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AT&T and Verizon investigated for possibly colluding to make your smartphone life worse – Mashable

Mashable AT&T and Verizon investigated for possibly colluding to make your smartphone life worse Mashable Notably, according to CNBC, it's not just AT&T and Verizon that are under the government's microscope. So too, reportedly, are T- Mobile and Sprint. A source told the publication that Apple filed the complaint. The Justice Department reportedly sent ... Department of Justice reportedly investigating AT&T and Verizon over collusion against eSIM technology The Verge US Investigating AT&T and Verizon Over Wireless Collusion Claim New York Times Verizon | Android and Me Android and Me all 106 news articles »

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Why Google needs to fix Android’s texting problem – Mashable

Mashable Why Google needs to fix Android's texting problem Mashable Google finally has a plan to fix Android's texting problem. This week, the company confirmed its long-rumored plan to improve messaging on Android and bring its features up to par with other popular messaging apps like Apple's iMessage. Google being ... and more »

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Google may finally have made a decent Android messaging app in Chat – Mashable

Mashable Google may finally have made a decent Android messaging app in Chat Mashable Unlike iMessage or Signal, Chat will not feature end-to-end encryption — leaving your message open to legal interception. Chat is the successor to the seemingly umpteen messaging solutions Google has cooked up for Android , including Google Plus ... Exclusive: Chat is Google's next big fix for Android's messaging mess The Verge Universal Profile - Future Networks - GSMA GSMA all 68 news articles »

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Chat is Google’s effort to make a decent Android competitor to iMessage – Mashable

Mashable Chat is Google's effort to make a decent Android competitor to iMessage Mashable Unlike iMessage or Signal, Chat will not feature end-to-end encryption — leaving your message open to legal interception. Chat is the successor to the seemingly umpteen messaging solutions Google has cooked up for Android , including Google Plus ... Exclusive: Chat is Google's next big fix for Android's messaging mess The Verge Universal Profile - Future Networks - GSMA GSMA all 134 news articles »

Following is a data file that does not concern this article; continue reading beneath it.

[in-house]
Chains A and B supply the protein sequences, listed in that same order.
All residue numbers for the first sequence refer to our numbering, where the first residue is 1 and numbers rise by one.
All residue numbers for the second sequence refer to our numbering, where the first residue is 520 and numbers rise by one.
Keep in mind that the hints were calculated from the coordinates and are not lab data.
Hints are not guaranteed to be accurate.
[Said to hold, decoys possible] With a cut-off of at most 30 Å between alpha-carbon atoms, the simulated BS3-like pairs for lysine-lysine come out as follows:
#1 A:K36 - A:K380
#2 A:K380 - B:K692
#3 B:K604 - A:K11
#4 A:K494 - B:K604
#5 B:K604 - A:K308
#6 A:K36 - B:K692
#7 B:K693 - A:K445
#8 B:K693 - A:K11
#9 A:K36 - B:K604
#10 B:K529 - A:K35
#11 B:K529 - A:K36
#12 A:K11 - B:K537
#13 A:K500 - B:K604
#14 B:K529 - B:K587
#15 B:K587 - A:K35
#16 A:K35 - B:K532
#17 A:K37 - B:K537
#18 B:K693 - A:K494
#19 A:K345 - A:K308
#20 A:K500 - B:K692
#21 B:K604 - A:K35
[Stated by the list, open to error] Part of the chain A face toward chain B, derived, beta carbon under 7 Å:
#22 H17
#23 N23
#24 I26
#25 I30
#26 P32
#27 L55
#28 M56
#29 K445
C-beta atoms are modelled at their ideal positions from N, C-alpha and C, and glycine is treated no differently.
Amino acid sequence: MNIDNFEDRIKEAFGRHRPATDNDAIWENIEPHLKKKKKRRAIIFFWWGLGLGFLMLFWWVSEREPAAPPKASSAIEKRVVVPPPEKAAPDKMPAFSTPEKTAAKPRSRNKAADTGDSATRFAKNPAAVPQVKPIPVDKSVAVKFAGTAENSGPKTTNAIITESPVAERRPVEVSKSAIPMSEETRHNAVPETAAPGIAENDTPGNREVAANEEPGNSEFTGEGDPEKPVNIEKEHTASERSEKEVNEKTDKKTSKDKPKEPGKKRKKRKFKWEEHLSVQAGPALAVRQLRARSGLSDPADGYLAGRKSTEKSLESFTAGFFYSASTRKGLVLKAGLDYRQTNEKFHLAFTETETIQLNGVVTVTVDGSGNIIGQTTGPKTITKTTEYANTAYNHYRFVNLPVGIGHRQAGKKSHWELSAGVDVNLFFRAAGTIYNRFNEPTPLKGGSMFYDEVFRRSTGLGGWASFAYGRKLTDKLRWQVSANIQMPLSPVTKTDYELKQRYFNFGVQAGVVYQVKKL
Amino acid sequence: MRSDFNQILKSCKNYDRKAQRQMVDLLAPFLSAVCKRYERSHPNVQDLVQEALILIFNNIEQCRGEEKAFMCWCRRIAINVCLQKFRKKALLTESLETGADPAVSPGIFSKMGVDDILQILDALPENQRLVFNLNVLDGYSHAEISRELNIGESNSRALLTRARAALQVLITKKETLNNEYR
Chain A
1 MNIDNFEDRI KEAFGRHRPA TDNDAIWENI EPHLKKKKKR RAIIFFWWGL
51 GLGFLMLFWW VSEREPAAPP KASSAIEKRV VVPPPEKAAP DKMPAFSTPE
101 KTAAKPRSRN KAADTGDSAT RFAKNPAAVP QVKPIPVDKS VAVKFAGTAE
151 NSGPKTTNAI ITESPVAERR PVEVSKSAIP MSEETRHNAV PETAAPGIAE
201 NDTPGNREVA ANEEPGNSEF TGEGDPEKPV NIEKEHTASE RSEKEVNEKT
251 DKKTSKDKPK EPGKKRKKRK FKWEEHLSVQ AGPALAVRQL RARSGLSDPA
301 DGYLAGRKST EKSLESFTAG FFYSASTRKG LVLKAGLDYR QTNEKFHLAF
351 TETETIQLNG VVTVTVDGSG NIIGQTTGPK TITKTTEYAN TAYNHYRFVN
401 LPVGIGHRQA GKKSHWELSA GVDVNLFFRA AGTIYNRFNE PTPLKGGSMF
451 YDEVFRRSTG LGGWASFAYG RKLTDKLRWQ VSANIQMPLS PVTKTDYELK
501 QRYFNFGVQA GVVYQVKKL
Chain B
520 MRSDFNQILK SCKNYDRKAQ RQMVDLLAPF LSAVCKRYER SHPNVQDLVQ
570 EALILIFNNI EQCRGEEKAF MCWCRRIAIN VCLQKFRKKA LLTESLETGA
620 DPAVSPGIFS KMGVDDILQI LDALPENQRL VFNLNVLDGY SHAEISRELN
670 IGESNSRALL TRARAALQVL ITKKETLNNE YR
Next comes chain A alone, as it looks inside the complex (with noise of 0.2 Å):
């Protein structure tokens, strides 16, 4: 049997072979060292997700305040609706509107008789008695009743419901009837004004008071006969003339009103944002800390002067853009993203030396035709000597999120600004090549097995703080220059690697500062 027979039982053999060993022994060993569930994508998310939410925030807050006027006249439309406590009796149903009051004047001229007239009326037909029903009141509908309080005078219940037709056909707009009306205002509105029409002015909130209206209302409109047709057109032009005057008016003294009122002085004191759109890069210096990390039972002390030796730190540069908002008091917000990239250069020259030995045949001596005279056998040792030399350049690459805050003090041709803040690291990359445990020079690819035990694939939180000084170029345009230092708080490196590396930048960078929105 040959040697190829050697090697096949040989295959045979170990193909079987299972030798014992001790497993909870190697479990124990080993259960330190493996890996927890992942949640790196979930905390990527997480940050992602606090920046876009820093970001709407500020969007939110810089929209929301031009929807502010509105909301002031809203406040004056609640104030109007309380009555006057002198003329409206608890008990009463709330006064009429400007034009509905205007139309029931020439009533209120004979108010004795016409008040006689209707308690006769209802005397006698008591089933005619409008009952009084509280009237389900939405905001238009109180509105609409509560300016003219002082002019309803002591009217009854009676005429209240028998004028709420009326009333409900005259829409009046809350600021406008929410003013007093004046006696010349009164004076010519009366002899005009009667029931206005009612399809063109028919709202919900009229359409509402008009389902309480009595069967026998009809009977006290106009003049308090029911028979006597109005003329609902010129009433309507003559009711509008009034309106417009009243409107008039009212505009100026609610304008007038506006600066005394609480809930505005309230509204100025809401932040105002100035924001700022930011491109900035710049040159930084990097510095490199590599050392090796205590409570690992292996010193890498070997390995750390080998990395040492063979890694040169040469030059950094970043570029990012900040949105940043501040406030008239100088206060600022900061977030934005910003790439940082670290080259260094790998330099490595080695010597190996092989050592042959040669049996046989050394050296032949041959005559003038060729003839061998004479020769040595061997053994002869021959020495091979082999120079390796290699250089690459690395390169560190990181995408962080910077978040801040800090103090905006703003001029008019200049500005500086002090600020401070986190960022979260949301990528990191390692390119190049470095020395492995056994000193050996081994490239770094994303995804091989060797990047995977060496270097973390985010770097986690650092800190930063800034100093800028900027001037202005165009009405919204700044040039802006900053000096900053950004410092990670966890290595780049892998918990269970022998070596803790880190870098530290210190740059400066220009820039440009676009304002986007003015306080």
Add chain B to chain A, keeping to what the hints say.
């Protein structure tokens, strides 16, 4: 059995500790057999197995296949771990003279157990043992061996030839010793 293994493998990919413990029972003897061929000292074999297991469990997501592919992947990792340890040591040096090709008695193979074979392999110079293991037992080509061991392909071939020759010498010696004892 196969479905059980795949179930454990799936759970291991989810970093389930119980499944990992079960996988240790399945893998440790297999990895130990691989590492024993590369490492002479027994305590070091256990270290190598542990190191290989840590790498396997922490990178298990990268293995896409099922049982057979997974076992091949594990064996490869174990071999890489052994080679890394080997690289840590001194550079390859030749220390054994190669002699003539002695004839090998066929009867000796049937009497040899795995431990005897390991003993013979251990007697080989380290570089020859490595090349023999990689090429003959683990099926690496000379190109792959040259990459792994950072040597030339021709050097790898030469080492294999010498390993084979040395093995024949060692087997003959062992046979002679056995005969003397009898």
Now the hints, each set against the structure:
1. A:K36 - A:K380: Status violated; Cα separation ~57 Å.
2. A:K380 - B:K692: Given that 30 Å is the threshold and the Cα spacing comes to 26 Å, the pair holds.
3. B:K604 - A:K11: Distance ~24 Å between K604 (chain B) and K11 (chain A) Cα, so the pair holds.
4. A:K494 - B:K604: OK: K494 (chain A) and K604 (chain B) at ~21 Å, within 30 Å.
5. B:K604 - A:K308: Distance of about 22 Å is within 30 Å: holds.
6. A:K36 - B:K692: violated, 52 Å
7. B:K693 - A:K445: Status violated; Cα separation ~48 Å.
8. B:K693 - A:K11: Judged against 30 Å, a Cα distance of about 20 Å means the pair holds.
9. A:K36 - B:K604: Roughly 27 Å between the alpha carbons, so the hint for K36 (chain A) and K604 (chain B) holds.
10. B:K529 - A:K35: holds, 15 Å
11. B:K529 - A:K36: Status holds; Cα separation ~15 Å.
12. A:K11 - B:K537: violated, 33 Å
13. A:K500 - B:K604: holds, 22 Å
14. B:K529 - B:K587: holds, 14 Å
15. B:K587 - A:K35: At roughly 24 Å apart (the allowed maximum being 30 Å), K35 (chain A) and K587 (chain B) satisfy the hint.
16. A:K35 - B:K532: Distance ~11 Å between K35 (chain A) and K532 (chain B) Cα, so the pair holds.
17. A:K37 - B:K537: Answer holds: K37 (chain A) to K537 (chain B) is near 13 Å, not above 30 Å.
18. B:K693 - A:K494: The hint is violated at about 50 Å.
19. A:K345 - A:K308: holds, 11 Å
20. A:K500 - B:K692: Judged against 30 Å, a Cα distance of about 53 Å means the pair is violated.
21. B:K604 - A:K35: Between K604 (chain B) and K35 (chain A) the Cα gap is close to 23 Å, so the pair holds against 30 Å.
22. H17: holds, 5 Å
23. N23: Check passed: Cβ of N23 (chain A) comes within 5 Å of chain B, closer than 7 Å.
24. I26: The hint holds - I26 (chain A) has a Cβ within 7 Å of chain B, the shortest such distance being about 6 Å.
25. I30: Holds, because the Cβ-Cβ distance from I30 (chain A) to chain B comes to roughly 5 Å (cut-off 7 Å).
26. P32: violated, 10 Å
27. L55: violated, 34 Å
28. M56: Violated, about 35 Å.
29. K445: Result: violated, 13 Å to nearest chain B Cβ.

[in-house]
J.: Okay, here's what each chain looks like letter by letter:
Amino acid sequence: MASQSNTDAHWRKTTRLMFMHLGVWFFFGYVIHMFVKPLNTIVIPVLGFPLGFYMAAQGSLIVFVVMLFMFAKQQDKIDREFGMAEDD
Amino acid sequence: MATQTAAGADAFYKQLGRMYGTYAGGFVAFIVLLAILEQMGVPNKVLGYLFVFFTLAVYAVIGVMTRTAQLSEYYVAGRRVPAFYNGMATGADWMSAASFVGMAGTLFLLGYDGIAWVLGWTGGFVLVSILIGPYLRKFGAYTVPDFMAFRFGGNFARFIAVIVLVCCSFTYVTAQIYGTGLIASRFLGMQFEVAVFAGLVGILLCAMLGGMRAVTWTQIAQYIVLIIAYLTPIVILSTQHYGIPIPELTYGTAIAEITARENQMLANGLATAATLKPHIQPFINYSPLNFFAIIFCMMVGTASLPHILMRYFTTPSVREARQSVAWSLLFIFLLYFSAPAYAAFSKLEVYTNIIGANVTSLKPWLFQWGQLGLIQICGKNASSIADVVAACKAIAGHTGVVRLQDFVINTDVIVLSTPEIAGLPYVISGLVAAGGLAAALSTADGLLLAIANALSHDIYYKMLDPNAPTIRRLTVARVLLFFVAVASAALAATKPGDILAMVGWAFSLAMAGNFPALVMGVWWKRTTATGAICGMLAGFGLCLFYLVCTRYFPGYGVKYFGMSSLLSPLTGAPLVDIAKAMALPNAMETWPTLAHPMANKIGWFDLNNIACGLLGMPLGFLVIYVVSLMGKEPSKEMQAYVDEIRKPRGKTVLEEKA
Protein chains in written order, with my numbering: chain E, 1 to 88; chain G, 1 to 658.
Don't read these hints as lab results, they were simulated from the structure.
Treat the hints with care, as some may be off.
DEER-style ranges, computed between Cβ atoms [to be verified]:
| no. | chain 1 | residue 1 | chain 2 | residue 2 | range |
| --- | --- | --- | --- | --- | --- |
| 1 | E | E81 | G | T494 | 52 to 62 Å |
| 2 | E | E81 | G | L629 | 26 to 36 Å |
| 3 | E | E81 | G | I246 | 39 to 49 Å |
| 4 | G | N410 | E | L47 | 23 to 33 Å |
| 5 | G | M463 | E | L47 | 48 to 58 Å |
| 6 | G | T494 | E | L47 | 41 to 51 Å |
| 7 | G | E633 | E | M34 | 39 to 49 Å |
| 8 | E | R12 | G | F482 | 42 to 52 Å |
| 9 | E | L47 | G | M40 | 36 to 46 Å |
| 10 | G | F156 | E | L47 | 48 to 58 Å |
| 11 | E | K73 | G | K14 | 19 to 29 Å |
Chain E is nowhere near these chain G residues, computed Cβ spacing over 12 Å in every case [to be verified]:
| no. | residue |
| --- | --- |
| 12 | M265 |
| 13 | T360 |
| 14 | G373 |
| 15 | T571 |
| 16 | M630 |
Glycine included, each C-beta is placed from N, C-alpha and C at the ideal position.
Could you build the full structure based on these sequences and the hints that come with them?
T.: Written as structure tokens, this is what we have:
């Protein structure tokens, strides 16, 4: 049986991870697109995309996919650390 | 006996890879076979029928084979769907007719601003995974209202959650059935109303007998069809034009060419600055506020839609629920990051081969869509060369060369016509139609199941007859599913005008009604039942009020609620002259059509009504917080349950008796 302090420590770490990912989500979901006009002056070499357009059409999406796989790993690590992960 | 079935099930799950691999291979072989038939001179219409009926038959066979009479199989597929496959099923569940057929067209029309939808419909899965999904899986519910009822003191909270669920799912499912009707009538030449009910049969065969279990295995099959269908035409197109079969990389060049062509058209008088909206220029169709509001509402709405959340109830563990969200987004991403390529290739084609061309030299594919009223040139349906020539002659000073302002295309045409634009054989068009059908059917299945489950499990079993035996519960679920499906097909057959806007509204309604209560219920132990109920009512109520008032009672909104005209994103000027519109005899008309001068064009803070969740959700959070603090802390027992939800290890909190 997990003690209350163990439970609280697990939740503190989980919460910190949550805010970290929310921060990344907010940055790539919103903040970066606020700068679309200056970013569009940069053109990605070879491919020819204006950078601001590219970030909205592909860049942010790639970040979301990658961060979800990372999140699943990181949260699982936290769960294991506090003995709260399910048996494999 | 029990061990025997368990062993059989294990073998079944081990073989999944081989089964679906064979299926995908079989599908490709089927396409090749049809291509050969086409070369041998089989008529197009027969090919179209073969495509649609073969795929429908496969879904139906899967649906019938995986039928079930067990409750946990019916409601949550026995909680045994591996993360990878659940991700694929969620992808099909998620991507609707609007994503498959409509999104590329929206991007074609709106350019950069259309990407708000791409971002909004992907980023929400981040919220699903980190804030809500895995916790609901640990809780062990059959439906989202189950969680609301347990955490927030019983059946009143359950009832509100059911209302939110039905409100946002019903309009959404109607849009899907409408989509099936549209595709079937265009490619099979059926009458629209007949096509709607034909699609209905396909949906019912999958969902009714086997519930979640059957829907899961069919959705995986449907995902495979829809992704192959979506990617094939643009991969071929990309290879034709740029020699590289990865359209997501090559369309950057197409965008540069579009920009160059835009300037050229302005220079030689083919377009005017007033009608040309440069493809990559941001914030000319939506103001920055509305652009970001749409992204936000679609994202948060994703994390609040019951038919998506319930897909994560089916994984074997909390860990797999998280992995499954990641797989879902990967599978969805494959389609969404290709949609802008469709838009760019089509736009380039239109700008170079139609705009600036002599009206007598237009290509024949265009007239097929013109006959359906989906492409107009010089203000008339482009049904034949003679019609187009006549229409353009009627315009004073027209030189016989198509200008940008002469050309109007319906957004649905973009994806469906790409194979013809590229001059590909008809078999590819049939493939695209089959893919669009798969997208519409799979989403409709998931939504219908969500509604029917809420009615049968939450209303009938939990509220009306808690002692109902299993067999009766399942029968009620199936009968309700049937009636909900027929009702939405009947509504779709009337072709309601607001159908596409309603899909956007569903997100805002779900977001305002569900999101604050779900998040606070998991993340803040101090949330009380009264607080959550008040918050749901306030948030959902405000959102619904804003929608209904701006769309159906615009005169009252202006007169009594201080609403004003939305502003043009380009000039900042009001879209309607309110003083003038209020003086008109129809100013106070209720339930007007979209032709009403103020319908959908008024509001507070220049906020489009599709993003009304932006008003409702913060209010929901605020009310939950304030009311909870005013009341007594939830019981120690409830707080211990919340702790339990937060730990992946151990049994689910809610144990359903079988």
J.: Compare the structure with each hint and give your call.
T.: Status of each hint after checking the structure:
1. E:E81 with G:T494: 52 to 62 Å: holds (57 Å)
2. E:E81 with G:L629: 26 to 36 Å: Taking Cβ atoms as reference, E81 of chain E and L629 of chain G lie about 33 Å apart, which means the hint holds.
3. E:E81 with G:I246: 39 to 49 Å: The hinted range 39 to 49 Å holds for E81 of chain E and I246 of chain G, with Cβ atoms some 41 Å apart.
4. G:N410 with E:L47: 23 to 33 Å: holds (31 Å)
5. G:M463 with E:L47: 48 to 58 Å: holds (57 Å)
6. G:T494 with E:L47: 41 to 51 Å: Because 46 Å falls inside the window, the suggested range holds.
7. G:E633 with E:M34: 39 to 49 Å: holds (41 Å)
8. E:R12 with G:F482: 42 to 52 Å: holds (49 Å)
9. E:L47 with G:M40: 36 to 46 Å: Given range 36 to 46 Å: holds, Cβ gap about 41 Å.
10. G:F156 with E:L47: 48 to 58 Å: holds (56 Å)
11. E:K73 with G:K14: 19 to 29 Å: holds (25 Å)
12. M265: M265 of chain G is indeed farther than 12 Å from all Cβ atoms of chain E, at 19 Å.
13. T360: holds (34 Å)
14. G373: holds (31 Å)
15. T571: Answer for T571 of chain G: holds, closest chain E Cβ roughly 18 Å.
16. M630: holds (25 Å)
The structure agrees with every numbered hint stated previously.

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Technique to beam HD video with 99 percent less power could sharpen the eyes of smart homes

Everyone seems to be insisting on installing cameras all over their homes these days, which seems incongruous with the ongoing privacy crisis — but that’s a post for another time. Today, we’re talking about enabling those cameras to send high-definition video signals wirelessly without killing their little batteries. A new technique makes beaming video out more than 99 percent more efficient, possibly making batteries unnecessary altogether. Cameras found in smart homes or wearables need to transmit HD video, but it takes a lot of power to process that video and then transmit the encoded data over wi-fi. Small devices leave little room for batteries, and they’ll have to be recharged frequently if they’re constantly streaming. Who’s got time for that? The idea behind this new system, created by a University of Washington team led by prolific researcher Shyam Gollakota, isn’t fundamentally different from some others that are out there right now. Devices with low data rates, like a digital thermometer or motion sensor, can something called backscatter to send a low-power signal consisting of a couple bytes. Backscatter is a way of sending a signal that requires very little power, because what’s actually transmitting the power is not the device that’s transmitting the data . A signal is sent out from one source, say a router or phone, and another antenna essentially reflects that signal, but modifies it. By having it blink on and off you could indicate 1s and 0s, for instance. UW’s system attaches the camera’s output directly to the output of the antenna, so the brightness of a pixel directly correlates to the length of the signal reflected. A short pulse means a dark pixel, a longer one is lighter, and the longest length indicates white. Some clever manipulation of the video data by the team reduced the number of pulses necessary to send a full video frame, from sharing some data between pixels to using a “zigzag” scan (left to right, then right to left) scan pattern. To get color, each pixel needs to have its color channels sent in succession, but this too can be optimized.

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